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Topic: Boneshaker, by Cherie Priest

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Subject: Boneshaker, by Cherie Priest
Date Posted: 3/6/2010 12:06 PM ET
Member Since: 3/25/2006
Posts: 723
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I've started this thread because the book has been placed on the final ballot for 2009 Nebula Best Novel award, and it looks like several of us will be reading it over the next few weeks.  If you've previously posted about it, feel free to re-post your comments here.

We should avoid posting an ending spoiler, but detail spoilers are inevitable.  If you are planning to read it soon, and do not want to see detail spoilers, I recommend you not read this thread yet.

Date Posted: 3/6/2010 2:24 PM ET
Member Since: 10/31/2009
Posts: 84
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I think Priest did an amazing job of writing both a Verne-style steampunk adventure and a novel that captures both the creeping horror and outright terror of zombie fiction and making the combination work.

Subject: Tom Hl's review
Date Posted: 3/6/2010 8:02 PM ET
Member Since: 3/25/2006
Posts: 723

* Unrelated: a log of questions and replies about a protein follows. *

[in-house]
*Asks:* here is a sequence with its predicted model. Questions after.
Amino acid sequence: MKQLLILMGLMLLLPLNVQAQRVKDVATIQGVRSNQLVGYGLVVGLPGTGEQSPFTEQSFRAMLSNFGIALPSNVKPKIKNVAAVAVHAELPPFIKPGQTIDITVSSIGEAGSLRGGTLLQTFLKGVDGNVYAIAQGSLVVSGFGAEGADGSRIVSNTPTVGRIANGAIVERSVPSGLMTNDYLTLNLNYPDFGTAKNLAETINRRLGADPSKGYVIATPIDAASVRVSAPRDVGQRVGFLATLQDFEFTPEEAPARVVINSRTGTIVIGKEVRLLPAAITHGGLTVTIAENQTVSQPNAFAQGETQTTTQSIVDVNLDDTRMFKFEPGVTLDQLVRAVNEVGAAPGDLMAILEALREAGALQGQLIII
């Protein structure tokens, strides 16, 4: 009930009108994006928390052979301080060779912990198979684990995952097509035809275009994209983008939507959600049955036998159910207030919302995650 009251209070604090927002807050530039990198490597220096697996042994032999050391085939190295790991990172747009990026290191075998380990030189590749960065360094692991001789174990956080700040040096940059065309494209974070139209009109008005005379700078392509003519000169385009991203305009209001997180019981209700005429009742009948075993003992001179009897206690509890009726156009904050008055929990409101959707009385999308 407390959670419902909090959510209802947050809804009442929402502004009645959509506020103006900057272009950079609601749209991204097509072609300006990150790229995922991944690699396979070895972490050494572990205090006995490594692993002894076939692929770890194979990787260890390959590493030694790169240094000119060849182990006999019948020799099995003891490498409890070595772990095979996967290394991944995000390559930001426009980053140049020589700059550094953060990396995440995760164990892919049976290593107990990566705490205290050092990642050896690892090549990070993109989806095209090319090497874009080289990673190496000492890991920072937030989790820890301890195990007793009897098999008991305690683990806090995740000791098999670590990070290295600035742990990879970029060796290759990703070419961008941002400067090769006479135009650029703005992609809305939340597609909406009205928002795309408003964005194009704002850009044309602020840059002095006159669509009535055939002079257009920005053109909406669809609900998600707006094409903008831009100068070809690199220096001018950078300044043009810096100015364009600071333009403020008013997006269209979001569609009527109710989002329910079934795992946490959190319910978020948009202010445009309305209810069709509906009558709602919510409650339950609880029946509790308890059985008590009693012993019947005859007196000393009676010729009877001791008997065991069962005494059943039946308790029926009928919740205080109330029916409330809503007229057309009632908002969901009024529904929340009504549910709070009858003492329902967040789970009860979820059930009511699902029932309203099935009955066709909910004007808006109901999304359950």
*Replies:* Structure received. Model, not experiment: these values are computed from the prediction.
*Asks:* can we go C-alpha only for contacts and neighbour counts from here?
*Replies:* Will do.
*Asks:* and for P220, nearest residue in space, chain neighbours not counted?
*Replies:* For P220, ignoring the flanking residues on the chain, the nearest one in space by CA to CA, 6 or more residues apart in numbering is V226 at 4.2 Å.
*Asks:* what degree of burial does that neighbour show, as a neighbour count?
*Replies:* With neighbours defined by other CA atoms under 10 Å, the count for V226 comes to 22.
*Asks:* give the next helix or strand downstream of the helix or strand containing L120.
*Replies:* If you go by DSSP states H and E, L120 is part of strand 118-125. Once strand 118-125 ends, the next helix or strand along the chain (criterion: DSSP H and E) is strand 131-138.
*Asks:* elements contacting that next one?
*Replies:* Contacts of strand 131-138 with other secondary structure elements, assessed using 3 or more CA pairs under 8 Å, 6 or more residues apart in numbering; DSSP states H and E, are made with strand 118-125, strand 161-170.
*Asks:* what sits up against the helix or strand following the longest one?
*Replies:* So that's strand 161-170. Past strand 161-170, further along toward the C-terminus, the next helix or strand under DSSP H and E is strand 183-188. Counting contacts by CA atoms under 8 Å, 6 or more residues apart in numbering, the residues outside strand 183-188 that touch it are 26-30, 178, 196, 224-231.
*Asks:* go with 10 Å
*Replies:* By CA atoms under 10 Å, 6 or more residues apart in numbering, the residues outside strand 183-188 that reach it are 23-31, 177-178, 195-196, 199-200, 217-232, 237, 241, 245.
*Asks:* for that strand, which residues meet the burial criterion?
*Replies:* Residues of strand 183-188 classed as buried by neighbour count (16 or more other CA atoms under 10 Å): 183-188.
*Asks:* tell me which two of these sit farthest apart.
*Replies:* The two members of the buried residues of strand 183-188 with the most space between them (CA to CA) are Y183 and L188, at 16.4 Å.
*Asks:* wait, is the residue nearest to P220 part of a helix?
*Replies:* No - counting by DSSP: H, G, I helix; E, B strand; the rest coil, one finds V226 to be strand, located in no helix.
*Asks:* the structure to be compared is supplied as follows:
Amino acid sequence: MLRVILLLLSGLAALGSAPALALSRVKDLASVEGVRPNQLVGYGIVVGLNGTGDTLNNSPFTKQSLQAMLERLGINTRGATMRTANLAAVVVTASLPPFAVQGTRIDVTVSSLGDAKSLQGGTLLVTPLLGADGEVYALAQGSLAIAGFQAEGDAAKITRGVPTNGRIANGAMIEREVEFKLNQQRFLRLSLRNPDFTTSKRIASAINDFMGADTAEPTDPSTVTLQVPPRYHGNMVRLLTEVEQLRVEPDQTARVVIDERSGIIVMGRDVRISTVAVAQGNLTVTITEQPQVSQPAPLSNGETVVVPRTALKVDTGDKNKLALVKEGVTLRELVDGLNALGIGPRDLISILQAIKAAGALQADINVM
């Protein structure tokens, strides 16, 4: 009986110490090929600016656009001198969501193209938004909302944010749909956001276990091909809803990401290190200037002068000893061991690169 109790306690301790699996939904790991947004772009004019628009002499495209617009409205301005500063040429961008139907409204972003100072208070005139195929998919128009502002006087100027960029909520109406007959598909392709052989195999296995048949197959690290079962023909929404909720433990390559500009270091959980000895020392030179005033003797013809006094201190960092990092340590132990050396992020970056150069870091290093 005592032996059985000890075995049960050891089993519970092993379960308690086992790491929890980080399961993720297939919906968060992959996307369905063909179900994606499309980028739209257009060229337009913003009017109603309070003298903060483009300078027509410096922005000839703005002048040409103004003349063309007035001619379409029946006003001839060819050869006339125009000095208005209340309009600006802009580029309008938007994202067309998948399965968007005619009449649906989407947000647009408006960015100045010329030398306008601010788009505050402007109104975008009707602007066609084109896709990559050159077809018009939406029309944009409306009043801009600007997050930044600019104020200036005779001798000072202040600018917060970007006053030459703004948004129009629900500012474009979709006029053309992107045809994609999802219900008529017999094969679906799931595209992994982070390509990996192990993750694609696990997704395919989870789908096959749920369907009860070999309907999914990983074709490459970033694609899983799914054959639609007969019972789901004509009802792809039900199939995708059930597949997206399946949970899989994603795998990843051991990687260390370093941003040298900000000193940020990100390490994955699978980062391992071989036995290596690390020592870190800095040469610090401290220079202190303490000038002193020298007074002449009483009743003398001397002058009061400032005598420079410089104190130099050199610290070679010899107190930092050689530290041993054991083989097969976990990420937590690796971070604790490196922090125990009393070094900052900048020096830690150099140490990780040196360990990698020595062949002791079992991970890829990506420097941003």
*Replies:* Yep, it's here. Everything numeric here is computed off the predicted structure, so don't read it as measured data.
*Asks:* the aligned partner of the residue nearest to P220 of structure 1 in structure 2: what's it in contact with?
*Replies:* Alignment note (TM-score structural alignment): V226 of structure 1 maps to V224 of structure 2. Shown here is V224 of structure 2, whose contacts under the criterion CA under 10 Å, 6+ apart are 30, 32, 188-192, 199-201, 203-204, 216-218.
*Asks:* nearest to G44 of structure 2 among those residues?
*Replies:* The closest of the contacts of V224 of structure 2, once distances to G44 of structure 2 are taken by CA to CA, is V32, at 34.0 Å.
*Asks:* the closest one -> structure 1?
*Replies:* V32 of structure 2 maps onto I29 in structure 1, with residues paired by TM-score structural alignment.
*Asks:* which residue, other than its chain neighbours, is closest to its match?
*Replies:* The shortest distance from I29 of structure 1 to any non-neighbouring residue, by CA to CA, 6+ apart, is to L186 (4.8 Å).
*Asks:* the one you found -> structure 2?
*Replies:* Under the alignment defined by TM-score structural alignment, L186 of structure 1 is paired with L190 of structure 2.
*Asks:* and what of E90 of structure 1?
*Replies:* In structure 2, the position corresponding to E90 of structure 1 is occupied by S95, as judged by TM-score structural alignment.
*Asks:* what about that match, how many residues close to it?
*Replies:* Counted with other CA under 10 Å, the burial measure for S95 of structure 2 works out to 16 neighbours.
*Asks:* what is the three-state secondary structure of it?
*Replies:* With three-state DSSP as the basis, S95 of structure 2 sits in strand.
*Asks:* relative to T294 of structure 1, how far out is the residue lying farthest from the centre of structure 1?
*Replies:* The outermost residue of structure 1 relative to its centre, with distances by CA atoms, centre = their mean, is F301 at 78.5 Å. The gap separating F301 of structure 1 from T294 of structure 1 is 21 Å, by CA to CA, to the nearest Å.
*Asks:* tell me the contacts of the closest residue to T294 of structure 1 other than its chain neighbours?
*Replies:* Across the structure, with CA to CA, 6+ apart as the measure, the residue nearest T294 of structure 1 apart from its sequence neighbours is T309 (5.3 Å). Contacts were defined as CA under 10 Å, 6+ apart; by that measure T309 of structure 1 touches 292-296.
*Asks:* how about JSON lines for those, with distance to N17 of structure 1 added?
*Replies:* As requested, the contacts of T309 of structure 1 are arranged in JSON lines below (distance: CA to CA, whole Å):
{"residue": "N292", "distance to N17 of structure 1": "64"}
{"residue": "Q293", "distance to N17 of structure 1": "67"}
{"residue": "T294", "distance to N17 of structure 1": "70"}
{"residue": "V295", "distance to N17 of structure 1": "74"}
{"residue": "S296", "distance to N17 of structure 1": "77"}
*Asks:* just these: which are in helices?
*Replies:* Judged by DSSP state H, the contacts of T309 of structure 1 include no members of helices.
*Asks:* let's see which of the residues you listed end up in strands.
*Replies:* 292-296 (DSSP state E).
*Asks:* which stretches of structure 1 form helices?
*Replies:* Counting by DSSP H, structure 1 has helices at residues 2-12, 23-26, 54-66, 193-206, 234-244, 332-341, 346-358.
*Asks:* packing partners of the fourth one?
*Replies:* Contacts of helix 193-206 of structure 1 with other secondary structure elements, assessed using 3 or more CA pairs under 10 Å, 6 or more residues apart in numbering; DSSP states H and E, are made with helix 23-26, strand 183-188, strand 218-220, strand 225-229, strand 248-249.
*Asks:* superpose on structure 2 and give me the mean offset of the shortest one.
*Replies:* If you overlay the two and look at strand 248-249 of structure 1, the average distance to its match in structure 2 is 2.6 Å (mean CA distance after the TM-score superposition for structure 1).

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Cherie Priest has created a fascinatingly odd setting in 19th century Seattle, where she admits to having fudged dates of some historical events a little.  This alternate Seattle has been transformed through the actions of inventor genius Leviticus Blue, whose Boneshaker is a machine ostensibly designed to carry a driver down through earth and glaciers to the goldfields of the Klondike.  However, before that happens, the machine is used to drill from his house on Denny Hill to the banks downtown and home again - devastating large areas of the city, creating the opportunity for the banks to be robbed, and jails to be broken out of.  Not only that, poison volcanic gasses are released from under the city.  So far so good, but it is also the nature of these gasses to reanimate all the dead of Seattle, who now want to eat all the living and transform them also into zombies.   Sorry, but my ability to suspend disbelief in the concept broke on that one.  It's just nonsense.  Previous steampunk I've read - notably The Difference Engine, by William Gibson and Bruce Sterling - stuck much closer to plausibility.

But all that is really just the background to the story.  Years later, Blue's widow Briar is living outside the big wall built around the contaminated zone with their teenage son Zeke.  They don't get along so well, and Zeke runs away to sneak through the wall to find his parents' old house and to understand the secrets of his parents' lives which his mother has hidden from him.  Finding him gone, Briar immediately abandons her job and home and finds her own route into the contaminated zone as well.  Zeke is pretty well done, but I had trouble connecting the Briar from before Zeke runs away to the Briar after Zeke runs away.  It just seemed like two different characters.  There is some reason for her seemingly uncharacteristic response, but it is not known to the reader until much later in the book.  It turns out there is some self-interest involved as well.  But at the point it happened it just seemed inconsistent.